Entries in On Campus by WGBH News
A protest at Vermont’s Middlebury College against conservative author Charlies Murray, who was invited to speak, quickly got out of hand last week—ending with one person in the emergency room. The incident comes weeks after another controversial conservative—former Breitbart Editor Milo Yiannopoulos—sparked protests at the University of California at Berkley.
Thursday’s Republican debate offered candidates another chance to tackle a big issue that’s been monopolized by the Democrats: how to rein in the dauntingly high cost of going to college. In every Democratic debate, the candidates have talked at length about how to grapple with the rising cost of higher education. So where do all the candidates stand on the issue?
As part of our weeklong series on community colleges, "College Material," host of WGBH's Greater Boston Jim Braude weighs in on whether community colleges should be free.
The U.S. Secretary of Education Arne Duncan says the nation needs the support of Congress to be able to make community college accessible to everyone, giving all students, young and old, an opportunity to become part of the middle class.
What’s it like to run the institutions that are on the front lines of the debate we're having in this country over higher education and its merits?
Kathleen McCartney, who just took over as the president of Smith College a little less than six months ago, says cost is a big part of her thinking.
Last week we covered a story exploring the potential benefits of a gap year – postponing the start of college. In our interviews, we reported that although the gap year may be important in helping some young students mature and realize their ambitions in life, the privilege of affording this experience is very much contingent on one's economic background. Today, we hear some of your comments on our report to get a better idea of how people feel about gap years.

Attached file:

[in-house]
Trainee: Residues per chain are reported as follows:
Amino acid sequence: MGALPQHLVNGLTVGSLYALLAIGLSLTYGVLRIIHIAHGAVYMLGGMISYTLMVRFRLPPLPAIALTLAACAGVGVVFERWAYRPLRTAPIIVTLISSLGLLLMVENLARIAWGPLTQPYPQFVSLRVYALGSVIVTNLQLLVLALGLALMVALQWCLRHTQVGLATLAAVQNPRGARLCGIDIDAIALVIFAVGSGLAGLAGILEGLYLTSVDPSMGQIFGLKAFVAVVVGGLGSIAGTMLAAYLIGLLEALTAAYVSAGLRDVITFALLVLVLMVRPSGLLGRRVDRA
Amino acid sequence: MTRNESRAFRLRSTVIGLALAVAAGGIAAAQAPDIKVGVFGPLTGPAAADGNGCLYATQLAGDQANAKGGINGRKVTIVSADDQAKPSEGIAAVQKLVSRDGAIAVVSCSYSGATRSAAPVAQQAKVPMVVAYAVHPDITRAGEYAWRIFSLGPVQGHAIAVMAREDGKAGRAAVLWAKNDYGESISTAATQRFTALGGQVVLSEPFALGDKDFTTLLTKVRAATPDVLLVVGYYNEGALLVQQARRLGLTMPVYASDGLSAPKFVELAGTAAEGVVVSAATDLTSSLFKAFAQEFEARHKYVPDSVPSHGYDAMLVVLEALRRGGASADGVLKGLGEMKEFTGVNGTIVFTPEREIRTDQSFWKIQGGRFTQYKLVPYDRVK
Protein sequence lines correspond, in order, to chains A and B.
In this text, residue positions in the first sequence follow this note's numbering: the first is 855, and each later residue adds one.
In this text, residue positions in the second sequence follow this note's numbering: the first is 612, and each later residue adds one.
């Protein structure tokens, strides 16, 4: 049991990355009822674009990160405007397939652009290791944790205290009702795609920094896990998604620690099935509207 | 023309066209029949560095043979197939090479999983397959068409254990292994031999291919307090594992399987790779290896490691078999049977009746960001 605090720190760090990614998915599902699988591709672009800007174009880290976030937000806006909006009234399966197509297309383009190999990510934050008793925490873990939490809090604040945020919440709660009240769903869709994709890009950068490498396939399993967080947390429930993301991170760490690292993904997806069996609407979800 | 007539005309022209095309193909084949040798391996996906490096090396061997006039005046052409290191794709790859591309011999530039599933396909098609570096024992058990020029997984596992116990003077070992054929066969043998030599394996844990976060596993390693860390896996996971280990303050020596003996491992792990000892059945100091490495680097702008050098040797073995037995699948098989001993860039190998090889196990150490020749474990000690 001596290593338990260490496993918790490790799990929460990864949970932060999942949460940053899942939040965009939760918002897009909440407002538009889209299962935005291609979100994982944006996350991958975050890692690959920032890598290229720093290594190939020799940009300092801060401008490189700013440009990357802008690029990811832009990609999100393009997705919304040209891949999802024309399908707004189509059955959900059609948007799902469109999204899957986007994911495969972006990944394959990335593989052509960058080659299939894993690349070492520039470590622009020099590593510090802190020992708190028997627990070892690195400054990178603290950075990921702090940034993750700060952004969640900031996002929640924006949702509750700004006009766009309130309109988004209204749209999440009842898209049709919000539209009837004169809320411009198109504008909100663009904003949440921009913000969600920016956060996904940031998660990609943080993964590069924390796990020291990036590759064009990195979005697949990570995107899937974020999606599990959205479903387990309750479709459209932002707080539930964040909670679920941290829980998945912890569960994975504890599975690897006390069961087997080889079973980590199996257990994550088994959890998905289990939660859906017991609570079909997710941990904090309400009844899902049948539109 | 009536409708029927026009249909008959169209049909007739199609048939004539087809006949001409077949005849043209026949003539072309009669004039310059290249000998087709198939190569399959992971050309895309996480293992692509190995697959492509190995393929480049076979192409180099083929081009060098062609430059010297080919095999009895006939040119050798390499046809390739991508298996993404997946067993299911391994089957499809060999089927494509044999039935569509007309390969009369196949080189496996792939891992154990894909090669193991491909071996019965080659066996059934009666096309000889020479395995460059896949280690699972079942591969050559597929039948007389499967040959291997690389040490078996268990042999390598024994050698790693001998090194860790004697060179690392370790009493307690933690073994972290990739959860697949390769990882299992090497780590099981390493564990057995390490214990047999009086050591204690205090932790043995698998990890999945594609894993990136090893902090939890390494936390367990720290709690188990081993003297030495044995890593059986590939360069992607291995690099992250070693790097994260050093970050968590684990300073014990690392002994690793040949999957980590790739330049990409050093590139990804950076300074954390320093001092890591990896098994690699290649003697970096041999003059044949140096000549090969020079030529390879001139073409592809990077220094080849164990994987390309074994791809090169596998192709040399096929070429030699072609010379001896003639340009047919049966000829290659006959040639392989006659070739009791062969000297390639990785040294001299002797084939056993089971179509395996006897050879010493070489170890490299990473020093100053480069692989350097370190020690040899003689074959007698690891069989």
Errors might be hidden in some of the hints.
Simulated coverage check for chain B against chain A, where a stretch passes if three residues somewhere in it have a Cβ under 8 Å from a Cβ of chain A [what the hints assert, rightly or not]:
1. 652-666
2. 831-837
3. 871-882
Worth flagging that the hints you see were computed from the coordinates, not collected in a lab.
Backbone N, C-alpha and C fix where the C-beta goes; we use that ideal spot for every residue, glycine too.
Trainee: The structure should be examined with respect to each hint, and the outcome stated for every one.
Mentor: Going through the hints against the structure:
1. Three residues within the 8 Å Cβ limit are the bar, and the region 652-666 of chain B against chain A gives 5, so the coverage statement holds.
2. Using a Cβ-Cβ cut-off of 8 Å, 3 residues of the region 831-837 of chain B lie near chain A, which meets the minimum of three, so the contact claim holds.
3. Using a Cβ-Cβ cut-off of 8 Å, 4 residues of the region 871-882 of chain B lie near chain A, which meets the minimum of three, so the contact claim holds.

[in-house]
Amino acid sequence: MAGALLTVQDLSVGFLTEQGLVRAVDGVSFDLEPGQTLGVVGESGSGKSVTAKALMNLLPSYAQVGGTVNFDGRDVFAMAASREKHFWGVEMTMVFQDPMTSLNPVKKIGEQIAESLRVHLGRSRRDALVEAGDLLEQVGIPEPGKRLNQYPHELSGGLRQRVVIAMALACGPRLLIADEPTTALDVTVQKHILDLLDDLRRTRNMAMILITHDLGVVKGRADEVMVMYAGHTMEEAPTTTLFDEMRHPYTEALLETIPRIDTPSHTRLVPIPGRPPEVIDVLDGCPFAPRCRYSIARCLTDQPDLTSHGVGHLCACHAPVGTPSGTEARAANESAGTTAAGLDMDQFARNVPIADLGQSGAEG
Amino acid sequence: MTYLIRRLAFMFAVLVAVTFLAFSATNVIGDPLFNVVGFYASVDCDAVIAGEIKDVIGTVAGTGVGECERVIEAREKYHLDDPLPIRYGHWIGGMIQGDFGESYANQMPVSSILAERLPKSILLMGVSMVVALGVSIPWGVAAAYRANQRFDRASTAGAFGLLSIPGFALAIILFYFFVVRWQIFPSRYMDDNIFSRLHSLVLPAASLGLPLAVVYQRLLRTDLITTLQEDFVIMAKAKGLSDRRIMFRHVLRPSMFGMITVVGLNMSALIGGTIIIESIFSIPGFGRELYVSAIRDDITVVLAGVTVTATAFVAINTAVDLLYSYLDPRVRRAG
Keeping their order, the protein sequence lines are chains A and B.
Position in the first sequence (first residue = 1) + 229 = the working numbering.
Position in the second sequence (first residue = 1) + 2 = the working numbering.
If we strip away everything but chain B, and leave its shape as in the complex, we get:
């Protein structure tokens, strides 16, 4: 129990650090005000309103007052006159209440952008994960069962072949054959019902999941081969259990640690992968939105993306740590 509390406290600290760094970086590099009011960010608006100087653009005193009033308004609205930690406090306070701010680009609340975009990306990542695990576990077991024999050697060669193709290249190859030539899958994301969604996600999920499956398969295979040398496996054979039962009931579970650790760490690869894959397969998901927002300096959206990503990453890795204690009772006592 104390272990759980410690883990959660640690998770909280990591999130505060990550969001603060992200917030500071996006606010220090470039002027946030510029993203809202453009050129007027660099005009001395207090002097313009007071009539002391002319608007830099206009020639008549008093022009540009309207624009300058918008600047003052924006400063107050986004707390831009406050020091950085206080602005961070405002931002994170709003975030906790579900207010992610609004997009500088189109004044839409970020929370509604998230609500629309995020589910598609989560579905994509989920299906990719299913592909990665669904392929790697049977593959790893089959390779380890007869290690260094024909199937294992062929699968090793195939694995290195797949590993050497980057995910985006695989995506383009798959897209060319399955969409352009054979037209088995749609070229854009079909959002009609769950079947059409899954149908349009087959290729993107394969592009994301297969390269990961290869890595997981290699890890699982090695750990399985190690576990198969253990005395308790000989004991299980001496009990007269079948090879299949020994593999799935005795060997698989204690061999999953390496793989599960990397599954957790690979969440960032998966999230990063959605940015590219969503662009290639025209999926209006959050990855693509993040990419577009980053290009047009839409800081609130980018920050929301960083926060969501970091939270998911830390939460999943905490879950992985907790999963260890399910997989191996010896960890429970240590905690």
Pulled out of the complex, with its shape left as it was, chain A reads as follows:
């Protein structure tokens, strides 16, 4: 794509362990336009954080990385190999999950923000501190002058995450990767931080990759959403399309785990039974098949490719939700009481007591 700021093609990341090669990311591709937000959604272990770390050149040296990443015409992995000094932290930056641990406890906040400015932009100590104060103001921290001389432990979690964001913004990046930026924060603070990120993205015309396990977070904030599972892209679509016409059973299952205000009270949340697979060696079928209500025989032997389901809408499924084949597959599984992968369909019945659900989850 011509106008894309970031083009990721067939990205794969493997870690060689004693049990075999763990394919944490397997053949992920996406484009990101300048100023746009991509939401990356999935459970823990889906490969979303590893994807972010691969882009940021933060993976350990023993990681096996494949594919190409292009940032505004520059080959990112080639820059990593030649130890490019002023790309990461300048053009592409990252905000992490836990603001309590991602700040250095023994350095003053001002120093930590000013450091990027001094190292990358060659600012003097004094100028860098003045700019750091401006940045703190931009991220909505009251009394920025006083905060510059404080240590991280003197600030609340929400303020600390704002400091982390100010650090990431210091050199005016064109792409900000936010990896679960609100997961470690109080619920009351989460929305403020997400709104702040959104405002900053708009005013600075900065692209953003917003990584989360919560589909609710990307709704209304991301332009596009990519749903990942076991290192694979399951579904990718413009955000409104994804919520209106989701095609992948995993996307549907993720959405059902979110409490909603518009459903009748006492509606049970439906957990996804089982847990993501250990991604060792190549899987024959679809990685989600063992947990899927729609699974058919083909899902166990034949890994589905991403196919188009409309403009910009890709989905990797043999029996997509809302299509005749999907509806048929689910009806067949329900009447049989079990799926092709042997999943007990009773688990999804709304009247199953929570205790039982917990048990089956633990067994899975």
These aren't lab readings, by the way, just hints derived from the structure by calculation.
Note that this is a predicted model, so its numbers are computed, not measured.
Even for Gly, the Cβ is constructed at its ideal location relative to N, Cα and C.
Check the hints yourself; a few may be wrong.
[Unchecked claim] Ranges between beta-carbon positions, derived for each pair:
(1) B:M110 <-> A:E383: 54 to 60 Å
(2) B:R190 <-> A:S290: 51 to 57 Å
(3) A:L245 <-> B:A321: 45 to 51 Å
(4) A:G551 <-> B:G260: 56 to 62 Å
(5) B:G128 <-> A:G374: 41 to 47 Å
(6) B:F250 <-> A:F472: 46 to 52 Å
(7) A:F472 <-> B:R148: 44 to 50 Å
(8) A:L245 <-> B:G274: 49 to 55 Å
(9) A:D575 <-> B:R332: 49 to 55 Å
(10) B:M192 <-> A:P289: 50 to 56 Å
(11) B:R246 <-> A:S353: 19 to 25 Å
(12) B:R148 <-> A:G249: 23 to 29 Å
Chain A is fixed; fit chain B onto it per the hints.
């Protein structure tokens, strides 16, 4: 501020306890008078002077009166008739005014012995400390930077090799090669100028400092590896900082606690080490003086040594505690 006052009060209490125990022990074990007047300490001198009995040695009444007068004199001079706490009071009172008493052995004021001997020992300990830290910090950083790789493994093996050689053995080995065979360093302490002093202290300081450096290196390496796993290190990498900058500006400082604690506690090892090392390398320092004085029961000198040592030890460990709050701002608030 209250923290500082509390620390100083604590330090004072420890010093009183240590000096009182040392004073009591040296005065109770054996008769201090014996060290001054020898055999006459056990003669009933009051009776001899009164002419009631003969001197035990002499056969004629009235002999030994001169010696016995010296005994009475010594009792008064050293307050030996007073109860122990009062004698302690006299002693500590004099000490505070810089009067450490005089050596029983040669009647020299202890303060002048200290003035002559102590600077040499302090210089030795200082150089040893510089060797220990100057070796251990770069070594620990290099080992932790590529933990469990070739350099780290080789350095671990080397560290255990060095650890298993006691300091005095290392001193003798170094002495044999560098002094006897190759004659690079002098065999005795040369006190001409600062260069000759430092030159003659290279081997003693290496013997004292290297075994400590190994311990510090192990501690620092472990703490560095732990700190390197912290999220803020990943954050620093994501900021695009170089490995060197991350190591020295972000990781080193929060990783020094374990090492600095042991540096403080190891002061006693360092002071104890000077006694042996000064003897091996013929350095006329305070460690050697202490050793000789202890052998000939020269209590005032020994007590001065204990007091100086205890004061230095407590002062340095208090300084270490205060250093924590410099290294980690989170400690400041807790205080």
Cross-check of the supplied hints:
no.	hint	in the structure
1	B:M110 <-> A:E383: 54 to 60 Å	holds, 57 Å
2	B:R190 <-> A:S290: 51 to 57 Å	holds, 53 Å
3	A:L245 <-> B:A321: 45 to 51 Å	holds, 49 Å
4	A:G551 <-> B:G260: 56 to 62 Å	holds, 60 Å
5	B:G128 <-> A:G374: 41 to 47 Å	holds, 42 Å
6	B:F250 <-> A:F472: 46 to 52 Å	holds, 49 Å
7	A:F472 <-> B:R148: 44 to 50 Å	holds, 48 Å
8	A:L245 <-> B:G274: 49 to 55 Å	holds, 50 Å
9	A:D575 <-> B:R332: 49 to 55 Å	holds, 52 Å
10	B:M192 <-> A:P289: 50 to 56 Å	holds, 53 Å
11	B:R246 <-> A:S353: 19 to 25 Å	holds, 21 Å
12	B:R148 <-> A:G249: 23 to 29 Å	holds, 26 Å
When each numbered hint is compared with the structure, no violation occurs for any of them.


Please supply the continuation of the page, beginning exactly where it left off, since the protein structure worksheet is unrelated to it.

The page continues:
Wellesley College finds itself caught up in Chinese politics after an economics professor at Peking University lost his job and Wellesley professors tried to help him get it back.
Not too long ago, American students were required to study civics and geography – courses intended to make them better citizens of the world. In recent years, books like The World Is Flat pointed out the need for global awareness.
As part of WGBH’s ongoing look at the role of higher education in this country and the world, we will be asking big thinkers to assess the state of America’s global competitiveness. WGBH’s Kirk Carapezza recently traveled to New York City to talk with, the president of the .